The next week or two I will be transitioning back into something that looks a bit more like my regular working life. I've got some editing and some writing deadlines to meet. I've also got a date with my canner. Putting up the harvest is next on my list. It's great to help people learn and grow in the classroom. It's rewarding and satisfying and exhausting all at once.

That said, what the students gain can be intangible at times. A full freezer and a shelf full of jars? That's definitely an accomplishment that can tangibly set us up for winter...and it's a task with a beginning, middle and end. Along with all this, my loom and knitting needles await. I hope to have time for more than an exhausted and mindless few rows of a sweater sleeve at the end of the day, too.

As soon as the rain lets up a bit, I'm off to mailbox to mail off my grades to the university. Then it's back to reducing (with great glee) the great mounds of food and fiber I've acquired.

So, are you putting anything up for winter? Do tell! Descriptions are always welcome here--if comments give readers good ideas, our pantries (and families) will enjoy it together.

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Blogger Alison said...

Plum jam, but we ate or gave it all.

August 31, 2010 at 12:51 PM  
Blogger Joanne said...

Already, Alison?! I can at least enjoy the idea vicariously....sounds delicious.

August 31, 2010 at 2:15 PM  
Blogger AdrieneJ said...

I'm fascinated by your eggplant preservation process. What sort of container do you use to freeze them in? And what did you do with your beans?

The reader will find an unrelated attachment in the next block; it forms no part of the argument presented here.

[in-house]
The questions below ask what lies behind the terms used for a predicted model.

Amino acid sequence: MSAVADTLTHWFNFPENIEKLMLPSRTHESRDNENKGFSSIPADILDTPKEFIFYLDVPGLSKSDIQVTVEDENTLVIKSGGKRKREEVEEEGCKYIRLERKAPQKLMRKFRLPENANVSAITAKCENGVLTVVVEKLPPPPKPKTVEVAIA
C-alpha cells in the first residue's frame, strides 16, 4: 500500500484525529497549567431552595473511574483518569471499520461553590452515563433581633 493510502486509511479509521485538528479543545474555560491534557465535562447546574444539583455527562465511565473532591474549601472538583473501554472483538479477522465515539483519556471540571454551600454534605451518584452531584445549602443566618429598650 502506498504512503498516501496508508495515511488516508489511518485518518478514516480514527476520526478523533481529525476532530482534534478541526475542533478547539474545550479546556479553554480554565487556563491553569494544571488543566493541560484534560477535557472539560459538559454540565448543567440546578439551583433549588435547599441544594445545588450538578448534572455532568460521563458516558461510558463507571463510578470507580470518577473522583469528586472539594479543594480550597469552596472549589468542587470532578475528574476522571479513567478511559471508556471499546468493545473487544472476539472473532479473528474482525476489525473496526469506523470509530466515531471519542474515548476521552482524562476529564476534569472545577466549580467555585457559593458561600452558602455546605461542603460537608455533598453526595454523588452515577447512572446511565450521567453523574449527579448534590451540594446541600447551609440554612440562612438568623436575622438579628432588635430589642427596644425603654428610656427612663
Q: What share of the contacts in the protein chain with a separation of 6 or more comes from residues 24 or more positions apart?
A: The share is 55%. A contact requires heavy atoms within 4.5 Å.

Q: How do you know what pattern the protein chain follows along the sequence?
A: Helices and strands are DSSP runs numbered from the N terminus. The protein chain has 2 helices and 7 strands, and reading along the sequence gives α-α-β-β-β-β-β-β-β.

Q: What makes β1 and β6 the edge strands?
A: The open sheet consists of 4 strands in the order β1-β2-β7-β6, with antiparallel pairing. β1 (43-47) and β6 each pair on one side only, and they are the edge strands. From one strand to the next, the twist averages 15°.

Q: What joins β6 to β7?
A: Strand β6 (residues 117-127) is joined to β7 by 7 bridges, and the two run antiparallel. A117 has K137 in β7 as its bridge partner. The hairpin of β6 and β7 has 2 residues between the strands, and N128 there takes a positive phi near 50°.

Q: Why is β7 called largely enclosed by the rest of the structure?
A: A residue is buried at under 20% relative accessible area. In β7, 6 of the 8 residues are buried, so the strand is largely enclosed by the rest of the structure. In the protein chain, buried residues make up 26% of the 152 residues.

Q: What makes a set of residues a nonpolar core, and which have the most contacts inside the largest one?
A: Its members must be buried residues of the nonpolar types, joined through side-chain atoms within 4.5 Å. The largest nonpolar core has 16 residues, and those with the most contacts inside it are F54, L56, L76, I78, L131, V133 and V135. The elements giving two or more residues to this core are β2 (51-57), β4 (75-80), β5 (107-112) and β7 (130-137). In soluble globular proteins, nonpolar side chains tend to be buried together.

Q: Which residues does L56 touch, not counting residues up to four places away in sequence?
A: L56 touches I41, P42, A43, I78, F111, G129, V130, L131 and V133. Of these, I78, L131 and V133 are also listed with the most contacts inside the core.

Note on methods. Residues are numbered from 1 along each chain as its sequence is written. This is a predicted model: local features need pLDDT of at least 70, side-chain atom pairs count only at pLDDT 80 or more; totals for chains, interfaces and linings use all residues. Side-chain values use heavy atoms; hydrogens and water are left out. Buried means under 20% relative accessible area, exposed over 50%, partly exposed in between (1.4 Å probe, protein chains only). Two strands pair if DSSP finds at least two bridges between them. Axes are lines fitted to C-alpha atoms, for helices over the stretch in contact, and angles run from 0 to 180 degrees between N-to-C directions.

September 1, 2010 at 9:53 AM  
Blogger Joanne said...

Hi Adriene,
I usually put the roasted, chopped up eggplants in oil in reusable plastic containers before freezing them. I reuse the containers until they completely die and make sure to buy the recyclable ones so once they crack, they go into the recycling container.

With the beans, I break off the ends and break them in half. I wash them all, and put them on wax paper on a cookie sheet in the freezer so they freeze individually. Then I double bag them in gallon size freezer bags in the freezer. The green/yellow/purple beans are for both human and dog consumption. My dogs love them and get a couple of beans each with their kibble. Whatever they don't eat, we will use for dinner this winter!

September 1, 2010 at 11:35 AM  
Blogger Cathy said...

I've frozen blue berries & cherries for pies in the dead of winter. That's the extent of my 'putting up.'

September 1, 2010 at 6:55 PM  
Blogger Nancy said...

I've been processing tomatoes into meatless spaghetti sauce, freezing it for all kinds of pasta this winter. Then there were the apples from our tree...steamed and frozen and the juice put into water bottles in the fridge. My husband truly loves the juice the best! A friend gave us pears and beans which have been made into pear pie and beans frozen.

September 1, 2010 at 9:58 PM  
Blogger AdrieneJ said...

Thanks for replying and visiting my blog! Just wanted to say: Rascal also loves frozen beans. I thought he was the only one. Who knew it was such a good dog treat?

September 2, 2010 at 11:43 AM